Typically the cage or item of cage furniture will be formed from a coloured material. The colour may be an inherent property of the material, or the material may comprise a tinting compound or mixture to provide the desired colour. In preferred embodiments, the cage or item of cage furniture comprises, and is desirably substantially or entirely formed from, a red-coloured or red-tinted material. By way of explanation, the inventors have observed that rodents, especially mice, are significantly less sensitive to red light than are humans. Accordingly, shelters comprising or formed from red-coloured or red-tinted materials are perceived by these animals as being rather dark, which thus approximates more closely to the holes or nests which mice use in their natural habitat. The inventors have discovered that this encourages greater use of the shelter, and behavioural activity which more closely follows that adopted by the animals in their natural habitat.

At the same time, being transparent or translucent to humans, a person working with or looking after the caged animals, can observe the animals at all times, even if they are inside a shelter-type item of cage furniture. Thus, for example, a researcher can monitor the behaviour of the animals visually, and can count the number of animals in a cage, at any time. Thus a cage or an item of cage furniture in accordance with the invention provides an improved degree of environmental enrichment for the caged animals, whilst not obstructing visual observation of the animals within the cage or using the cage furniture.

In particular the inventors have surprisingly found that materials with particular optical qualities are preferred for cages and/or items of cage furniture, especially such cages or items of cage furniture intended for rodents such as rats and, especially, mice.

In preferred embodiments, the cage or item of cage furniture comprises or consists of a material which substantially blocks (i.e. transmits less than 20%, preferably less than 15% of) visible light with a wavelength less than 540 nm. Desirably, the material substantially blocks visible light with a wavelength of less than 560 nm, more preferably less than 570 nm and most preferably 580 nm. Such materials are commercially available and include readily available plastics filters, especially “cut-on” filters.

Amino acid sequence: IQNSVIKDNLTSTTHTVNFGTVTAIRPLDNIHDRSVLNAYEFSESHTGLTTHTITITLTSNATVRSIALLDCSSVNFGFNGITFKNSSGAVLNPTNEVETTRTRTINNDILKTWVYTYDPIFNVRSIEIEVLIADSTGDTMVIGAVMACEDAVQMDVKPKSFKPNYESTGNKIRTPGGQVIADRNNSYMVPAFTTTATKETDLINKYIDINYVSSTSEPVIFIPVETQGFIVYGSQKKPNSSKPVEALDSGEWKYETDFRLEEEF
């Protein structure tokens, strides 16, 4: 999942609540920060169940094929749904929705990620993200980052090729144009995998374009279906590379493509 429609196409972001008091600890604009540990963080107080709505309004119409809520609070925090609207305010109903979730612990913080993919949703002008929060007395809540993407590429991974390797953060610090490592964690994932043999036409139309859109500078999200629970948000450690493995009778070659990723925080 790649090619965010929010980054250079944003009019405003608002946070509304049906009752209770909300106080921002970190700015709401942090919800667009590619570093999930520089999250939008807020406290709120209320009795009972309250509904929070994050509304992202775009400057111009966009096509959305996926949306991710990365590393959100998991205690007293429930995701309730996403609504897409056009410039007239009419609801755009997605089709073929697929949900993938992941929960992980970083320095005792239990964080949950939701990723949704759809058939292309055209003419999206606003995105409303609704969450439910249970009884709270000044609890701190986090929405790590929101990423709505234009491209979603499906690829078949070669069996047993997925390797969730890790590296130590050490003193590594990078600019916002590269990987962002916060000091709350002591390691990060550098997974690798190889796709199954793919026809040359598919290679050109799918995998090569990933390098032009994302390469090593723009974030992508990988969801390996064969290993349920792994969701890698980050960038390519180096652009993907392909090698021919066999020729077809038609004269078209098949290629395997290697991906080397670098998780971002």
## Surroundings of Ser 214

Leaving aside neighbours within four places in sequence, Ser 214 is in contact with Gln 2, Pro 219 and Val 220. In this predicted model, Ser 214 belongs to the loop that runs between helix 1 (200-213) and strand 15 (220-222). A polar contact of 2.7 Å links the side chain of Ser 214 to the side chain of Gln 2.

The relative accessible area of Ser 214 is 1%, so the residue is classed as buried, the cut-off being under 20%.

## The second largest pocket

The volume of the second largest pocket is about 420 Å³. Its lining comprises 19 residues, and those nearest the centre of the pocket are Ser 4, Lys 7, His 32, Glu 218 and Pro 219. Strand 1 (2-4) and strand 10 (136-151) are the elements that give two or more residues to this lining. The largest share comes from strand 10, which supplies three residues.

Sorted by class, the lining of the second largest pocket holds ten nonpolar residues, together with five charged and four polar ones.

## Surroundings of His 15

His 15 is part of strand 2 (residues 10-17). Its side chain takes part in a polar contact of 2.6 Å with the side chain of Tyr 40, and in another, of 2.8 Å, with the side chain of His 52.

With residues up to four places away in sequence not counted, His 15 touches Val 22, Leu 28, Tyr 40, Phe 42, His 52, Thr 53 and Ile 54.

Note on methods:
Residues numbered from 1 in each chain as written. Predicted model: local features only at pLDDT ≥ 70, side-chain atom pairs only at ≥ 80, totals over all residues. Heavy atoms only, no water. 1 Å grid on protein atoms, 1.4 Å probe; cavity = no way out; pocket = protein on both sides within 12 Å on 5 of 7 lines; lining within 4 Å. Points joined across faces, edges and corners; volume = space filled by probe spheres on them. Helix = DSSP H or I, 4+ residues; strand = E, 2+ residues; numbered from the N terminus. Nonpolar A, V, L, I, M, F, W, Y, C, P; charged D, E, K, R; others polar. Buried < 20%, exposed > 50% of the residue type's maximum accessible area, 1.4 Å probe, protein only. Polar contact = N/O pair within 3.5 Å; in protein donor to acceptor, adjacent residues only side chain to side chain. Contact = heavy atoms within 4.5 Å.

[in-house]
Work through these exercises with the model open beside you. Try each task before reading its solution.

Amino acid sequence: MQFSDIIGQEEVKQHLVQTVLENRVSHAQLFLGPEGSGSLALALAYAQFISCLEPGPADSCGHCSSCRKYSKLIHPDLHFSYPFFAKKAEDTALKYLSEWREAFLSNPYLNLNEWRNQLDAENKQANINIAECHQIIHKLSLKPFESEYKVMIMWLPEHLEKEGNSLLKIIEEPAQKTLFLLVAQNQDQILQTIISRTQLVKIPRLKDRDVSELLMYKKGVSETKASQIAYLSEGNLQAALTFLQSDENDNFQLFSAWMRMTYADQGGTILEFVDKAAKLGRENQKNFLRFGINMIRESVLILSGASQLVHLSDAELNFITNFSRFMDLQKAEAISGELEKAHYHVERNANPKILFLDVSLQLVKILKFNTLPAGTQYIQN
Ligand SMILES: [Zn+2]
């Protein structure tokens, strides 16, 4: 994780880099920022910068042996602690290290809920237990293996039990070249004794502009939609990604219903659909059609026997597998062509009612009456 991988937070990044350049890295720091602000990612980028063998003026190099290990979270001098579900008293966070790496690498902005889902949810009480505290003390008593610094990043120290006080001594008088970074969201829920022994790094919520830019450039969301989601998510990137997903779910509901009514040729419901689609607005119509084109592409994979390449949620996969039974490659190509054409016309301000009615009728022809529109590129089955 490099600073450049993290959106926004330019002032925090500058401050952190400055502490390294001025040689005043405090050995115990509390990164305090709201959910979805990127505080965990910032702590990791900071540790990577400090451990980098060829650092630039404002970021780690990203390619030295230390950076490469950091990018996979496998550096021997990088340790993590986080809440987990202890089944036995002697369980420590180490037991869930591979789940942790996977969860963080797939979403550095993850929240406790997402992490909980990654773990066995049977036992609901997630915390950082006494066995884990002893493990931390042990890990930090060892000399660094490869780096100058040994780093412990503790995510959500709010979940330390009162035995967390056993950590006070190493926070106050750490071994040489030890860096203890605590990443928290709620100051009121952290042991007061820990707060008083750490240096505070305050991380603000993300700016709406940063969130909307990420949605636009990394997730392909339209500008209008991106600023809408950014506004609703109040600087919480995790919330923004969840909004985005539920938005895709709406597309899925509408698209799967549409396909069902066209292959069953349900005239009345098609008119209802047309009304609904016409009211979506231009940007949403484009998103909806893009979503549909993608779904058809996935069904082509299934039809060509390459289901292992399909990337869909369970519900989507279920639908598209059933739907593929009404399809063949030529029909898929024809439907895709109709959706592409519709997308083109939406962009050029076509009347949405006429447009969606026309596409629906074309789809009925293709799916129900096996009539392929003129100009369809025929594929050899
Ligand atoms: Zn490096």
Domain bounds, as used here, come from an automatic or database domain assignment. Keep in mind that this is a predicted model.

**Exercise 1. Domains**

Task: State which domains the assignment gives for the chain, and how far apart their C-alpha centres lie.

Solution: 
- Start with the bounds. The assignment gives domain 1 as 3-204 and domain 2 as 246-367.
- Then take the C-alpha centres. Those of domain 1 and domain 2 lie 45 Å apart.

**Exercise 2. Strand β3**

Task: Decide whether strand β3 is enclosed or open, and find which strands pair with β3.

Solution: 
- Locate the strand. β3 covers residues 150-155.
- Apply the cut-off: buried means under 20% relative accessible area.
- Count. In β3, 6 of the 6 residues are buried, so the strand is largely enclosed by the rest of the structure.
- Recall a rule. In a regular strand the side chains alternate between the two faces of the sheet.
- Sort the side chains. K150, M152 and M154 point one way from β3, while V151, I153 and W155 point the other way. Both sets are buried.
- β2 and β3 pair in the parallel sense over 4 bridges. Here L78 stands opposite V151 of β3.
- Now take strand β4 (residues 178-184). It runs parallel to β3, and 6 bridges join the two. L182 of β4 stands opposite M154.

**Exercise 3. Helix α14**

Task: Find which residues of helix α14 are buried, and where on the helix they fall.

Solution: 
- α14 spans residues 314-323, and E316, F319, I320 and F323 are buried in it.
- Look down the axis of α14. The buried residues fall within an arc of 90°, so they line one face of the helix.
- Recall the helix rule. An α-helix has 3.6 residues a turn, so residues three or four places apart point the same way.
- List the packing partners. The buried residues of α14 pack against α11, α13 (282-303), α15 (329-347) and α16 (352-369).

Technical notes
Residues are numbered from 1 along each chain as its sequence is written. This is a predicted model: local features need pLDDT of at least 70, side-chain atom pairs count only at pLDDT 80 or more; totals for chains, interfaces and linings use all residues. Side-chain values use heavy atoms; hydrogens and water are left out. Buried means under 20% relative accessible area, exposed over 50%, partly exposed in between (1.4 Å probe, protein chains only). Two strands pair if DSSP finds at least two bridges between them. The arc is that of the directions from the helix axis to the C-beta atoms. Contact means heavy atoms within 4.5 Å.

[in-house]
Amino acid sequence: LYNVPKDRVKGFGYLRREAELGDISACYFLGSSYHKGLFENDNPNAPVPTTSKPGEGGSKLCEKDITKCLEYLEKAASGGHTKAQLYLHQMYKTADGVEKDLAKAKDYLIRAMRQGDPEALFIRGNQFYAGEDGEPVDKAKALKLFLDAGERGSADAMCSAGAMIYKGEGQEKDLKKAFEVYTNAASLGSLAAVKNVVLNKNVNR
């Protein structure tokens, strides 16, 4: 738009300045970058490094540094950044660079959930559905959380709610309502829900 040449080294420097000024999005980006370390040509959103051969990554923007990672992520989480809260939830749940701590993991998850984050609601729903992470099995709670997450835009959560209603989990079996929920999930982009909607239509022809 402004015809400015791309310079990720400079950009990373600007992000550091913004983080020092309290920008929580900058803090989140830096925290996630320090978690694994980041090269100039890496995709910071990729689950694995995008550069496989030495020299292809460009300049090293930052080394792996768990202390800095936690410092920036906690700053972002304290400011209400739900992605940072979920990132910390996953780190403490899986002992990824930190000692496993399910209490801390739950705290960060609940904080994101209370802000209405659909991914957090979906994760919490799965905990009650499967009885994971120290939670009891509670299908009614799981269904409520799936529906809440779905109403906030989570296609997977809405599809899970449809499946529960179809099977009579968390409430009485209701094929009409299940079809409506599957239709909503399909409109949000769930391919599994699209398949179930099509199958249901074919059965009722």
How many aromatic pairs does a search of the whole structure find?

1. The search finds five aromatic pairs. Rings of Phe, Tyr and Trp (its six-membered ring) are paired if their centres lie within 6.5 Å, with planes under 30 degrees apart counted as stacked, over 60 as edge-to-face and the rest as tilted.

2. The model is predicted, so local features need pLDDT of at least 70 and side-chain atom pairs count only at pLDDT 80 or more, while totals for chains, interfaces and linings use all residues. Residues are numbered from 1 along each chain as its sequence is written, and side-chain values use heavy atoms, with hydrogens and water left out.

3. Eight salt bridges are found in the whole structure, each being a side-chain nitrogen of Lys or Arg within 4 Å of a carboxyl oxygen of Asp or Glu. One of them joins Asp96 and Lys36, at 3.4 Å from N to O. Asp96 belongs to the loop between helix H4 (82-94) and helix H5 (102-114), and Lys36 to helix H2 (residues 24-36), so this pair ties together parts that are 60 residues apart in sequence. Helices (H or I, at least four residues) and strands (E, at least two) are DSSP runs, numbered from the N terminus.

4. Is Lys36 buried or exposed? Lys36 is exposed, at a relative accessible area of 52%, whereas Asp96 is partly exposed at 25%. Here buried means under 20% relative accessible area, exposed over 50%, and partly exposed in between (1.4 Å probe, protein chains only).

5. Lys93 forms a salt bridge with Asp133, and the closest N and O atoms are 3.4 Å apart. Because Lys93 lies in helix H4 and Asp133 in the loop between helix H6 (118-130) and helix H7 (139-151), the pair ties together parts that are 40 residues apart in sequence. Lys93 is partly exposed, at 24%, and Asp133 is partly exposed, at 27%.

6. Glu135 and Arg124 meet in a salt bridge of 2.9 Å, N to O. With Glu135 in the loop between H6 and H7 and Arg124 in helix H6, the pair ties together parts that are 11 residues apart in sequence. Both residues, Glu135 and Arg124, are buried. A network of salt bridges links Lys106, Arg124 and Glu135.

A particularly preferred material (such as a Lee polyester filter with a “cut-on” wavelength of 593 nm) substantially blocks (i.e. transmits less than 20% of) visible light with a wavelength of less than 580 nm, whilst being transparent (i.e. transmitting at least 60%) of visible light with a wavelength of 600 nm or more.

Without wishing to be bound by any particular theory, the inventors believe that caged animals such as rodents prefer cages and shelters to be darkened relative to the surrounding environment, but that the cage or shelter should not be perceived by the animals as completely dark, so as to allow some light cues to animals within the cage or shelter as to the presence of other animals (e.g. potential predators) outside. According to this hypothesis, a preferred cage or cage furniture material (as represented by ‘B’ in FIGS. 3 and 4) transmits some light of non-red or very short red wavelengths (e.g. 580–590 nm), to which the animals are sensitive and therefore provides the animals with some visual cues. However, the great majority of visible light wavelengths (below 580 nm), to which the animals are sensitive, are substantially blocked so as to provide a desirable darkening. Materials (C–E in FIGS. 3–4) which do not transmit sufficient light in the 580–590 nm wavelength range do not give the animals sufficient light to provide the desired visual cues, and are therefore not so suitable, whilst other materials (e.g. A in FIGS. 3–4) transmit too much light in the 580–590 nm range and are not perceived by the animals as being sufficiently dark.

From the point of view of a human observer, however, material ‘B’ is substantially transparent in the range 600 nm and above, to which the human eye is reasonably sensitive, so that animals within the cage or item of cage furniture are readily visible.

For present purposes, “visible light” is intended to mean light having a wavelength in the range 350–700 nm.

A preferred embodiment of cage furniture in accordance with the invention takes the form of a substantially right-angled triangular shaped floorless shelter, which can therefore be located in a corner of a cage, leaving a considerable free area for the animals to more around outside the shelter. In addition, such a corner location tends to prevent the animals from moving the shelter (if unfixed), because the cage abuts the shelter on two sides.